Going for the Horizontal Gold
by Patricia Draznin

If you’re like 66.6% of Americans, your eyeballs are glued to the NBC coverage of the Beijing Summer Olympics 2008, and you’re planning to Go for the Gold and watch all 3600 hours. But even for the most seasoned horizontal channel surfer, this task demands Olympian endurance achieved only through years of spectator-training. And the competition is fierce. Many viewers have been practicing for decades, watching late-night TV, perfecting their sofa posture and dismount, refining their dipping technique for nachos and cheese, and shopping online for low-resistance body wear for sprinting to the bathroom.

Watching each and every Olympian broadcast moment is the chance that comes once in four years, when we observe the world’s most extraordinary athletes of all shapes and sizes, including tall and lean, short and lean, medium lean, and ranging in age from mid-forties down to highly motivated toddlers.

As you may well recall, the tradition of Olympic Games dates back to 776 BC, WAY before high-definition. Legend has it that the ancient games were founded by Heracles—the Greek paragon of masculine might, WAY before steroids. Heracles dedicated the Games to Zeus, Chief of the Gods. Zeus was also his father, which gave Heracles plenty of street cred, but bumped him clear to the end of the White Pages and the Who’s Who directory.

Competitive games were routine in a Greek society that—WAY before airbrush—worshipped the human form. And when a cook named Koroebus of Elis threw down his apron and ran naked in the 192-meter footrace, he became the first Olympic champion to be crowned, since there was no place to pin a gold medal.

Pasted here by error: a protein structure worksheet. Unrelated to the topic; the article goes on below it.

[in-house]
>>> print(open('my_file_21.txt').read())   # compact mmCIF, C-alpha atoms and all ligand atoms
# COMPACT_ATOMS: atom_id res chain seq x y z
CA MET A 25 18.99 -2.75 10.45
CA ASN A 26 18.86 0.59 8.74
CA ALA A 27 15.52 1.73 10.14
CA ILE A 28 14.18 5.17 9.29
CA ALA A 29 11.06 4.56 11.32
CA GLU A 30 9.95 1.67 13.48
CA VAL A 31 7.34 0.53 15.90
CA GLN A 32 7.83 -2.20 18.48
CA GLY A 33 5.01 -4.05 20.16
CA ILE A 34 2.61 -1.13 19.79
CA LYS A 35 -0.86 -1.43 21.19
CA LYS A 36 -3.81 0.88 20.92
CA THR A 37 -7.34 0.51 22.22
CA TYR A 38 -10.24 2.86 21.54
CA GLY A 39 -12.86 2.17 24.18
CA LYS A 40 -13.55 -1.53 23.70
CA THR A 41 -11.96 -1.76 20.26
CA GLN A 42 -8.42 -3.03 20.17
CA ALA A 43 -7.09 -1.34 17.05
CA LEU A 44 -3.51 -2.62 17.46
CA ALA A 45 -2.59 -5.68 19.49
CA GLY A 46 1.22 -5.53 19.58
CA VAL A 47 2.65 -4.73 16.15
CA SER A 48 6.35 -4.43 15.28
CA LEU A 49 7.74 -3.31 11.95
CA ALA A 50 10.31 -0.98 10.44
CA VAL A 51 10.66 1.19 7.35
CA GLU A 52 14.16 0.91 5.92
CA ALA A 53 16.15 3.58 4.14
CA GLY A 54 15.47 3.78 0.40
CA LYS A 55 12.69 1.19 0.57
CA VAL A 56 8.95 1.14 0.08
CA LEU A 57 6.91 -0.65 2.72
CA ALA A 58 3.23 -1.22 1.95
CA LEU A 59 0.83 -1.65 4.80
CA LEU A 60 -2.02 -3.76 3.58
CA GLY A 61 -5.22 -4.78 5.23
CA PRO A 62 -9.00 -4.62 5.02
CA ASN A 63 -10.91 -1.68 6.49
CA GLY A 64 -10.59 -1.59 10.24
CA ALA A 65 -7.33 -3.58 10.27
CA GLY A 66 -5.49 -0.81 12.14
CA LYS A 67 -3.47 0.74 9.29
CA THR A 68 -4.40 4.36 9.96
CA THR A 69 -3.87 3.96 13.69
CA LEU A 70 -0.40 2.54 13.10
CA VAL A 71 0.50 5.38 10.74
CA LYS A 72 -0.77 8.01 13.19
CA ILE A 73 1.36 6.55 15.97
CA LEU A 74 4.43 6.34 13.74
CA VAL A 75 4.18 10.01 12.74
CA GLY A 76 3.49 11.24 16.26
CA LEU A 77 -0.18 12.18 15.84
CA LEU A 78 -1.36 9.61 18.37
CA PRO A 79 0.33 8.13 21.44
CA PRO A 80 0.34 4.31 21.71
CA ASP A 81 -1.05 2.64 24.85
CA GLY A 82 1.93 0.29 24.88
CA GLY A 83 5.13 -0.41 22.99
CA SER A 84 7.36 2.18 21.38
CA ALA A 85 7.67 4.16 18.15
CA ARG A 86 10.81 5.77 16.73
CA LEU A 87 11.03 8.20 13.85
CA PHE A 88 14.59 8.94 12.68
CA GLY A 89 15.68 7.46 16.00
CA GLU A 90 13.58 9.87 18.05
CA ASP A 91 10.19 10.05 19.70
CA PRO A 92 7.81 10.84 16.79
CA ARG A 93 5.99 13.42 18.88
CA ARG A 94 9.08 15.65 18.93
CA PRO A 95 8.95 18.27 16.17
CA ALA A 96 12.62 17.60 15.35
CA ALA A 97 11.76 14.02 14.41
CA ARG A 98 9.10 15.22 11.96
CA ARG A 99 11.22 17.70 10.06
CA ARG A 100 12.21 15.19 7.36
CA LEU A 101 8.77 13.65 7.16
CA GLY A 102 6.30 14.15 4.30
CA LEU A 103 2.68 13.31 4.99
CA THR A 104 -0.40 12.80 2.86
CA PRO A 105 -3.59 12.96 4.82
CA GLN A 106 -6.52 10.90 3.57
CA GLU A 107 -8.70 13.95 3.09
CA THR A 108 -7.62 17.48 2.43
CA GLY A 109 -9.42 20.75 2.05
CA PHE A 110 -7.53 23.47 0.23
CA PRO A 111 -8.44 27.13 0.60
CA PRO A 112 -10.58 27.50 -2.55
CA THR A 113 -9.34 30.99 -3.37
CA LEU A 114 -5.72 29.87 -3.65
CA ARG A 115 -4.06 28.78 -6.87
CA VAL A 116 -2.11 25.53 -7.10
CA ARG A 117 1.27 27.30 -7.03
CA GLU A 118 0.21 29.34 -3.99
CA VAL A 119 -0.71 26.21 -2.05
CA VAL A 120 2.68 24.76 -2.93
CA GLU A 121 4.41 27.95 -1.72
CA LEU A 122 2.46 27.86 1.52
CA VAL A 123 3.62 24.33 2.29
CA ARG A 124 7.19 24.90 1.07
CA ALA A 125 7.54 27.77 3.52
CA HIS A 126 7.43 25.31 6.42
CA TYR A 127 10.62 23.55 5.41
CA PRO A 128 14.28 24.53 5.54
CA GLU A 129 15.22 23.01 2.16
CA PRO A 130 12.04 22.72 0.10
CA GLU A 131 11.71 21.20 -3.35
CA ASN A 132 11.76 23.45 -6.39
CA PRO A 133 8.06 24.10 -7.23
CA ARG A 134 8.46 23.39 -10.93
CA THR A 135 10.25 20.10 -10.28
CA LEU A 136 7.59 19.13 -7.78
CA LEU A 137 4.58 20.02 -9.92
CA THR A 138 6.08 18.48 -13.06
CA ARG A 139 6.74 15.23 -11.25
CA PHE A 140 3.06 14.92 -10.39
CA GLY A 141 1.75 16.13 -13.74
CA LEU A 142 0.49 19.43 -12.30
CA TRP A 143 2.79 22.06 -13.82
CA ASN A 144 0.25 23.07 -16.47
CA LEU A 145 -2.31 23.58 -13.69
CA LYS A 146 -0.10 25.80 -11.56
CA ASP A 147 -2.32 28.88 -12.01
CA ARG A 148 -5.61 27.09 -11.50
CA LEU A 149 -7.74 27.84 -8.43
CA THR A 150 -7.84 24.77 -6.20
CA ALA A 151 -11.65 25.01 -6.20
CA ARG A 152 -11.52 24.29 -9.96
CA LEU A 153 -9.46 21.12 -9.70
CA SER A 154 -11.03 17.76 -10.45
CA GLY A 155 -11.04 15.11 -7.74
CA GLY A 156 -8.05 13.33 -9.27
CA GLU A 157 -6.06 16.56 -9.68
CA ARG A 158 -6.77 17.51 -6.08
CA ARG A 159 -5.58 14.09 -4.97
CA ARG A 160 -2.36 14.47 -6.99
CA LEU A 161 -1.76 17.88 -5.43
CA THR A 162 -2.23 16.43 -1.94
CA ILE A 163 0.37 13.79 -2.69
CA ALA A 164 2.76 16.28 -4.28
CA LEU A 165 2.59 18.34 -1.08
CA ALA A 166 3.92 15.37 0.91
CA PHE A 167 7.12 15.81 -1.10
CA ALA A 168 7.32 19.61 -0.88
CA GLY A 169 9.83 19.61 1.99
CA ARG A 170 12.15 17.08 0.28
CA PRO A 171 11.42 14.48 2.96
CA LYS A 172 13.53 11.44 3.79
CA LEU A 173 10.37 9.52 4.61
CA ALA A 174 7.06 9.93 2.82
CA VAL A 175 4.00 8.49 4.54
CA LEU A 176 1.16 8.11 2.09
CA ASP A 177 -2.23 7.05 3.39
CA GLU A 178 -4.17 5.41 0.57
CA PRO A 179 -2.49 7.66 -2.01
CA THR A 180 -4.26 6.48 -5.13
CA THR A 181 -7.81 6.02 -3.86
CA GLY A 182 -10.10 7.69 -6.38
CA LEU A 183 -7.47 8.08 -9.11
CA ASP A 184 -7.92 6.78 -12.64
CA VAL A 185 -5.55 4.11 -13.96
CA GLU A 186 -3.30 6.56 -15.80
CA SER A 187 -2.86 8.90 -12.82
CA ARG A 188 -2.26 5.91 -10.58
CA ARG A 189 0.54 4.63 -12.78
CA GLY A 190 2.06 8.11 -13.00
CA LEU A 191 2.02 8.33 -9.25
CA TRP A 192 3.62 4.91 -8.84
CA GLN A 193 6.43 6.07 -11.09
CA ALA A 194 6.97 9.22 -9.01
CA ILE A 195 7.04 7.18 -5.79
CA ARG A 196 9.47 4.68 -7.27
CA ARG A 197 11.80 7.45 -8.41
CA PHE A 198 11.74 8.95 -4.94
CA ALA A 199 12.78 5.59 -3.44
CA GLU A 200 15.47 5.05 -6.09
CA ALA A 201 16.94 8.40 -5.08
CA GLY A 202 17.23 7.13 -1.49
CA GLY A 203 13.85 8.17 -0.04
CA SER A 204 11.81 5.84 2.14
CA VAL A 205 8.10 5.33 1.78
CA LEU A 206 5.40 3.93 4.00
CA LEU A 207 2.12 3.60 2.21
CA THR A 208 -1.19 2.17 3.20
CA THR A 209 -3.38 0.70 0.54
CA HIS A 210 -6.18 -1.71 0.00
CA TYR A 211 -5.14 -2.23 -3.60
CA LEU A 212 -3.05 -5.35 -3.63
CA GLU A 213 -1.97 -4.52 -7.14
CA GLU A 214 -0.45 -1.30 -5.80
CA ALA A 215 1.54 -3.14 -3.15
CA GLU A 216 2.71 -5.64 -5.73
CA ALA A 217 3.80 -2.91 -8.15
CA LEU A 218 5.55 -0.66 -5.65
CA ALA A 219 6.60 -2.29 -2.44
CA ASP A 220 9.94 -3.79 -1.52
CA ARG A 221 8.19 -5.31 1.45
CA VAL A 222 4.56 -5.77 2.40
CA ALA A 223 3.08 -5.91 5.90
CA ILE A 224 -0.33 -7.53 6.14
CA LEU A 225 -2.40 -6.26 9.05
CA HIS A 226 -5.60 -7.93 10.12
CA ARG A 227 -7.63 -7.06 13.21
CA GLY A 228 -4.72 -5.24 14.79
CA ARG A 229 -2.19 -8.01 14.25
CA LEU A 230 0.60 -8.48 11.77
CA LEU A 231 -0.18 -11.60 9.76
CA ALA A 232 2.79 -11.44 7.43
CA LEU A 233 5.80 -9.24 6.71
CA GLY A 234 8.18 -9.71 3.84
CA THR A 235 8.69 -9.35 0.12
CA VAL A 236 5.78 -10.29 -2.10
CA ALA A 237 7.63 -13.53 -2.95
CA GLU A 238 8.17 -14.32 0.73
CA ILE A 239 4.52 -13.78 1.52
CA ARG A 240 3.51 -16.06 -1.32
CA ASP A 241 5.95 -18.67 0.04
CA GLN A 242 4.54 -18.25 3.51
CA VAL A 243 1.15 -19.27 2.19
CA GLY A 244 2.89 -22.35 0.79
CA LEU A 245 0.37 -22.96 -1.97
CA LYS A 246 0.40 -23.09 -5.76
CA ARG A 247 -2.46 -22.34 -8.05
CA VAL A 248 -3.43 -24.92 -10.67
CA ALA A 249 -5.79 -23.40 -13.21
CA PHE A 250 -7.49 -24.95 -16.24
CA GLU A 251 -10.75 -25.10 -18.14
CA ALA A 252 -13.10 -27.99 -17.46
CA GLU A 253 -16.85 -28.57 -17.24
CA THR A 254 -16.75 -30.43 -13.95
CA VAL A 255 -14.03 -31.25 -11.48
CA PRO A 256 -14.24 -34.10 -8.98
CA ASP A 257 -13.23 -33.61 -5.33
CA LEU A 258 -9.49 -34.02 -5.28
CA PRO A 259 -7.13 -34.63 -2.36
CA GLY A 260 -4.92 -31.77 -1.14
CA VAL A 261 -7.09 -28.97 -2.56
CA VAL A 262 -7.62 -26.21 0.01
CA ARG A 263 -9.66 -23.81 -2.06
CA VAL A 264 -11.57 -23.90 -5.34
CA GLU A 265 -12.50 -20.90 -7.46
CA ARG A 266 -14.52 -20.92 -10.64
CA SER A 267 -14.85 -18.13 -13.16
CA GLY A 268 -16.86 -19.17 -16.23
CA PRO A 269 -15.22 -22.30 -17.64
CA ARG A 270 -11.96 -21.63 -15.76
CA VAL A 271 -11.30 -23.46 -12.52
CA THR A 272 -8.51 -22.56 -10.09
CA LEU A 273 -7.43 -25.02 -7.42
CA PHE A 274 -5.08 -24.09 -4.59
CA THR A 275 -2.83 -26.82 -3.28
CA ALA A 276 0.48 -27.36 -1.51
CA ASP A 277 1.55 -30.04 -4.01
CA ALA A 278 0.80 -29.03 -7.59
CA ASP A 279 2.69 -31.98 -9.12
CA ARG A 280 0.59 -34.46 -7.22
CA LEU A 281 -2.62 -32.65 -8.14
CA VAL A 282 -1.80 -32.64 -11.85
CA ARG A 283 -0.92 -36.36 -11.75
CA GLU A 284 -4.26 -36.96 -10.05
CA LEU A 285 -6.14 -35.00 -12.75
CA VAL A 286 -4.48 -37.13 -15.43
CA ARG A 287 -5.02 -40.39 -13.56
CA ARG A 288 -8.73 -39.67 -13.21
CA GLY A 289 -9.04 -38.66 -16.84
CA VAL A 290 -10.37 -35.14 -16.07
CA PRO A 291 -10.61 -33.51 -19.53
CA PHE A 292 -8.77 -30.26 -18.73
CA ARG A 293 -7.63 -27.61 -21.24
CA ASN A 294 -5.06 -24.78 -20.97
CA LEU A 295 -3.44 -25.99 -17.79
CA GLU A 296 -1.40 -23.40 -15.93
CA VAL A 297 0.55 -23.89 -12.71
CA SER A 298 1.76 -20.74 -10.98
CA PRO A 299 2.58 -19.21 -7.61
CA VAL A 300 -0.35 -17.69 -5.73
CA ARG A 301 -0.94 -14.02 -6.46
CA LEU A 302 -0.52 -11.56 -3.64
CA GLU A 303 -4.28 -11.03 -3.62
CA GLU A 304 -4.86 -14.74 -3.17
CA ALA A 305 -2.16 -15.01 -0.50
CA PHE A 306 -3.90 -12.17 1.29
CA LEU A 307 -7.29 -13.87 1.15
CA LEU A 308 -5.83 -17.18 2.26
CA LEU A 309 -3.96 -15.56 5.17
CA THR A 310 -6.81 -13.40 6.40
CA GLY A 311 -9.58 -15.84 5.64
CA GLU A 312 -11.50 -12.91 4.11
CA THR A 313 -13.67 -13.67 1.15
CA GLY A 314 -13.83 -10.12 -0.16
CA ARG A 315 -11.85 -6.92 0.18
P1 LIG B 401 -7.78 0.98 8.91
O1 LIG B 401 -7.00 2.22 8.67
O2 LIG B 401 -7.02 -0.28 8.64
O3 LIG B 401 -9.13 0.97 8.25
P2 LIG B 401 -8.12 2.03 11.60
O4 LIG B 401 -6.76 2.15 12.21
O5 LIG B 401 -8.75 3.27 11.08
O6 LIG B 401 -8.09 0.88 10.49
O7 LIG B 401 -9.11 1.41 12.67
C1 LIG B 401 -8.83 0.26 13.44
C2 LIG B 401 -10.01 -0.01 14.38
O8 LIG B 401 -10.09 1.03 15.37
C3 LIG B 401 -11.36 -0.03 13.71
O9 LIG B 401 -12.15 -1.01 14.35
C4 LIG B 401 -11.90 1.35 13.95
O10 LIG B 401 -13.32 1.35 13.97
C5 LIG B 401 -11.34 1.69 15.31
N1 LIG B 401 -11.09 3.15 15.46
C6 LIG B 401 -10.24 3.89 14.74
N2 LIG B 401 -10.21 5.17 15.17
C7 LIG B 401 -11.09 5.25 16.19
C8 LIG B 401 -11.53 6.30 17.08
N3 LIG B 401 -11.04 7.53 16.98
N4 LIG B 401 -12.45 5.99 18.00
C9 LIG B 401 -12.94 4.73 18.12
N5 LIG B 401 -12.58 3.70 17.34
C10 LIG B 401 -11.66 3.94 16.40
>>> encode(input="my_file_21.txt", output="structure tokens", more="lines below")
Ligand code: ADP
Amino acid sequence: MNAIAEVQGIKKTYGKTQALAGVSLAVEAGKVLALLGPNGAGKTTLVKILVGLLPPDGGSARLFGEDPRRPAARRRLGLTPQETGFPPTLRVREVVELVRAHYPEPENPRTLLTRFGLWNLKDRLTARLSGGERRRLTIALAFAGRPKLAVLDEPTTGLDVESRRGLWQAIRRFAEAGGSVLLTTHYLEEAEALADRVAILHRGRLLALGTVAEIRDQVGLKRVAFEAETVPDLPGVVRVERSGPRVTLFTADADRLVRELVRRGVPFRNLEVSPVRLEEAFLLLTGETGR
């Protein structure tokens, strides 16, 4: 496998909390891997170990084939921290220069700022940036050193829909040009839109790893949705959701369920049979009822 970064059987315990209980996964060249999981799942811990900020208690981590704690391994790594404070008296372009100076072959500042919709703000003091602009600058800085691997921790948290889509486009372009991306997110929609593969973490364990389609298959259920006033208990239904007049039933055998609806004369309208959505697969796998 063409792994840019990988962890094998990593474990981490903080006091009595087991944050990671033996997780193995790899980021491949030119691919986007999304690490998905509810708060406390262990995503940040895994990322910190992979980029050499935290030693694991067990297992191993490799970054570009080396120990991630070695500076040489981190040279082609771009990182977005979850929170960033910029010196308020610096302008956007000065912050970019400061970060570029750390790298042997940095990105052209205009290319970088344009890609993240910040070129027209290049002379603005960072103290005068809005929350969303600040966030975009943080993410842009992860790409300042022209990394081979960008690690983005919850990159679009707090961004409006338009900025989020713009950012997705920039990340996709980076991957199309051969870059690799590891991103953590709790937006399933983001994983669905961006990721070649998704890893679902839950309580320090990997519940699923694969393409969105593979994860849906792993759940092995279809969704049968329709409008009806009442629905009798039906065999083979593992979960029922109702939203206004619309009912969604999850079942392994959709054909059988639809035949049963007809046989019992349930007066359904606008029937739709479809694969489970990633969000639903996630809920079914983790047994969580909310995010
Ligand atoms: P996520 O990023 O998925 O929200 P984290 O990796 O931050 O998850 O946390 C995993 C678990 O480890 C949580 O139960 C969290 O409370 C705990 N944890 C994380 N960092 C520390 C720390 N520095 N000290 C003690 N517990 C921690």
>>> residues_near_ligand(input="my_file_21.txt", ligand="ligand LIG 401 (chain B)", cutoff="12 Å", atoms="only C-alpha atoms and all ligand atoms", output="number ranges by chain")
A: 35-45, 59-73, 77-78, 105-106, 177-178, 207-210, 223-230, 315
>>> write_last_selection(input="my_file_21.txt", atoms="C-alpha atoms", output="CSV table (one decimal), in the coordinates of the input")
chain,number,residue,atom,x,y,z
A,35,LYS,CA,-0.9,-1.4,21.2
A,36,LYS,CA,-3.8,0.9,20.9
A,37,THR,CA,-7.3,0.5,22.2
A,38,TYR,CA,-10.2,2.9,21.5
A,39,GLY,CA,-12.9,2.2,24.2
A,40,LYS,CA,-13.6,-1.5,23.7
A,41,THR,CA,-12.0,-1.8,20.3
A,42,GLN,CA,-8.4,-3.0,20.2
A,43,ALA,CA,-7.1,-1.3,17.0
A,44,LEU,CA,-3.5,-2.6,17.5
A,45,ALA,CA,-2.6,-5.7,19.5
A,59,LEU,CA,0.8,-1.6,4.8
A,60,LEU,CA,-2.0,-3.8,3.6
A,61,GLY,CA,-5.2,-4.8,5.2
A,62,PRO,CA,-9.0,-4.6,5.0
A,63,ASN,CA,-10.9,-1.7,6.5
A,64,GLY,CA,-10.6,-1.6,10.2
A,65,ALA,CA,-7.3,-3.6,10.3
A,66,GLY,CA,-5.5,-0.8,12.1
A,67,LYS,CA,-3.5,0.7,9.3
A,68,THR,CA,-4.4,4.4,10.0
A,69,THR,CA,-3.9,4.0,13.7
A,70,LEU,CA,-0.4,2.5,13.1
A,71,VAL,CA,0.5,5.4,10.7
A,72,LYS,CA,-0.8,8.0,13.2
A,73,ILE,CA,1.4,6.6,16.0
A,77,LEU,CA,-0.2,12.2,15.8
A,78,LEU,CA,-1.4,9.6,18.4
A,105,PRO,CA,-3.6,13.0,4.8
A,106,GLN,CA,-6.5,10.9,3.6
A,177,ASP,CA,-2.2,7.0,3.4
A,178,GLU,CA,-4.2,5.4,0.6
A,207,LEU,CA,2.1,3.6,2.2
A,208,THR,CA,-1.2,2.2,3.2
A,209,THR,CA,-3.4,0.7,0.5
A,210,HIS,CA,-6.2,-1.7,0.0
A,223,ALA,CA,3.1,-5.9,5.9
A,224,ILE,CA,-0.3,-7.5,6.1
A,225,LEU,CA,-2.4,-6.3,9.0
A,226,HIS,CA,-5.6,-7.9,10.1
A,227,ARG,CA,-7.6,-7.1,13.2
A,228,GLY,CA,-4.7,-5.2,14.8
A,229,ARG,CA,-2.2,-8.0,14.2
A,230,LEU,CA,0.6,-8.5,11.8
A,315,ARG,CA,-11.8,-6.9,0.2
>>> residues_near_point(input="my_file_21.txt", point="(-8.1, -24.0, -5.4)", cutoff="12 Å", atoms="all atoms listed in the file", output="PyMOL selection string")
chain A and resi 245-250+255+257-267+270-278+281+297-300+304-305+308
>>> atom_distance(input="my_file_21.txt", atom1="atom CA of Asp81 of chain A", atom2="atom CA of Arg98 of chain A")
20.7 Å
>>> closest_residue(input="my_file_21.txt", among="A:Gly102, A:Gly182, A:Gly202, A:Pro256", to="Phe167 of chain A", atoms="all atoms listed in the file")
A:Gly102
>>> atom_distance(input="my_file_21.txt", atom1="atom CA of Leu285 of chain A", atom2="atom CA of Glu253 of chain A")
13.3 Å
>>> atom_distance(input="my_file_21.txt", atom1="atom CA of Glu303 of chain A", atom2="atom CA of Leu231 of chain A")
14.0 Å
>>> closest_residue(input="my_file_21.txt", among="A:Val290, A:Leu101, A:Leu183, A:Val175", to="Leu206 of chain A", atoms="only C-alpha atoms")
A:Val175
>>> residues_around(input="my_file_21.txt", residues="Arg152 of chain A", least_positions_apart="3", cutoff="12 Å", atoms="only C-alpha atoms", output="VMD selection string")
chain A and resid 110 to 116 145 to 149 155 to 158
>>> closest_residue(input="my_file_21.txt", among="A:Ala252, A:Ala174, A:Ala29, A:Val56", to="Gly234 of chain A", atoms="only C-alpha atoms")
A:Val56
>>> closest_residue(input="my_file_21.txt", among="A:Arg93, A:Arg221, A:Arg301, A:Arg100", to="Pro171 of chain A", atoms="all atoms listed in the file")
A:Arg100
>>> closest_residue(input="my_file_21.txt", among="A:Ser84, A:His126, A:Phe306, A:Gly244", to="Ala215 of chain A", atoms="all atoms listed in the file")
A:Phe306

Eventually, the Church outlawed the Games for being too pagan, not to mention unclothed. But centuries later in 1894, a French Baron named Coubertin founded the International Olympics Committee and reinstated the Games worldwide, sans Zeus. Coubertin formulated The Olympic Creed, reminding athletes that what is important in competition is “not the triumph but the struggle,” “not to win but to take part,” “not to conquer but to have fought well.” And even Heracles would agree that these statements are incredibly stupid.

The ancient games that began as a single event have mushroomed into today’s 34 sports, some of which are captivating, like gymnastics, some less captivating, like the Humiliated Horse event (Dressage), and some bordering on spectator torture, like the Heads Bobbing in The Water event (Water Polo). Not to mention the Strange Swimming events starring women domed in bathing caps with alien goggles, and hairless men sporting the SPEEDO Body Skin, the world’s fastest and most hideous swimsuit…. which could double as low-resistance body wear for sprinting to the bathroom.

With the 2008 Games winding down after a taxing two weeks, spectators are eager to relax with their hard-earned gold medals—or silver, bronze, ceramic, stainless steel, Pyrex, and Styrofoam. And they welcome the next phase: signing paid endorsements with Cheetos and Yoo-Hoo. And soon after, beginning spectator-training for the London Summer Olympics of 2012, including the study of British as a second language and learning the new twenty-point scoring system that even the judges don’t understand, unless it gets replaced with something even MORE accurate. Let the games begin. On your mark, get set, lie down.

Copyright 2008 Patricia Draznin


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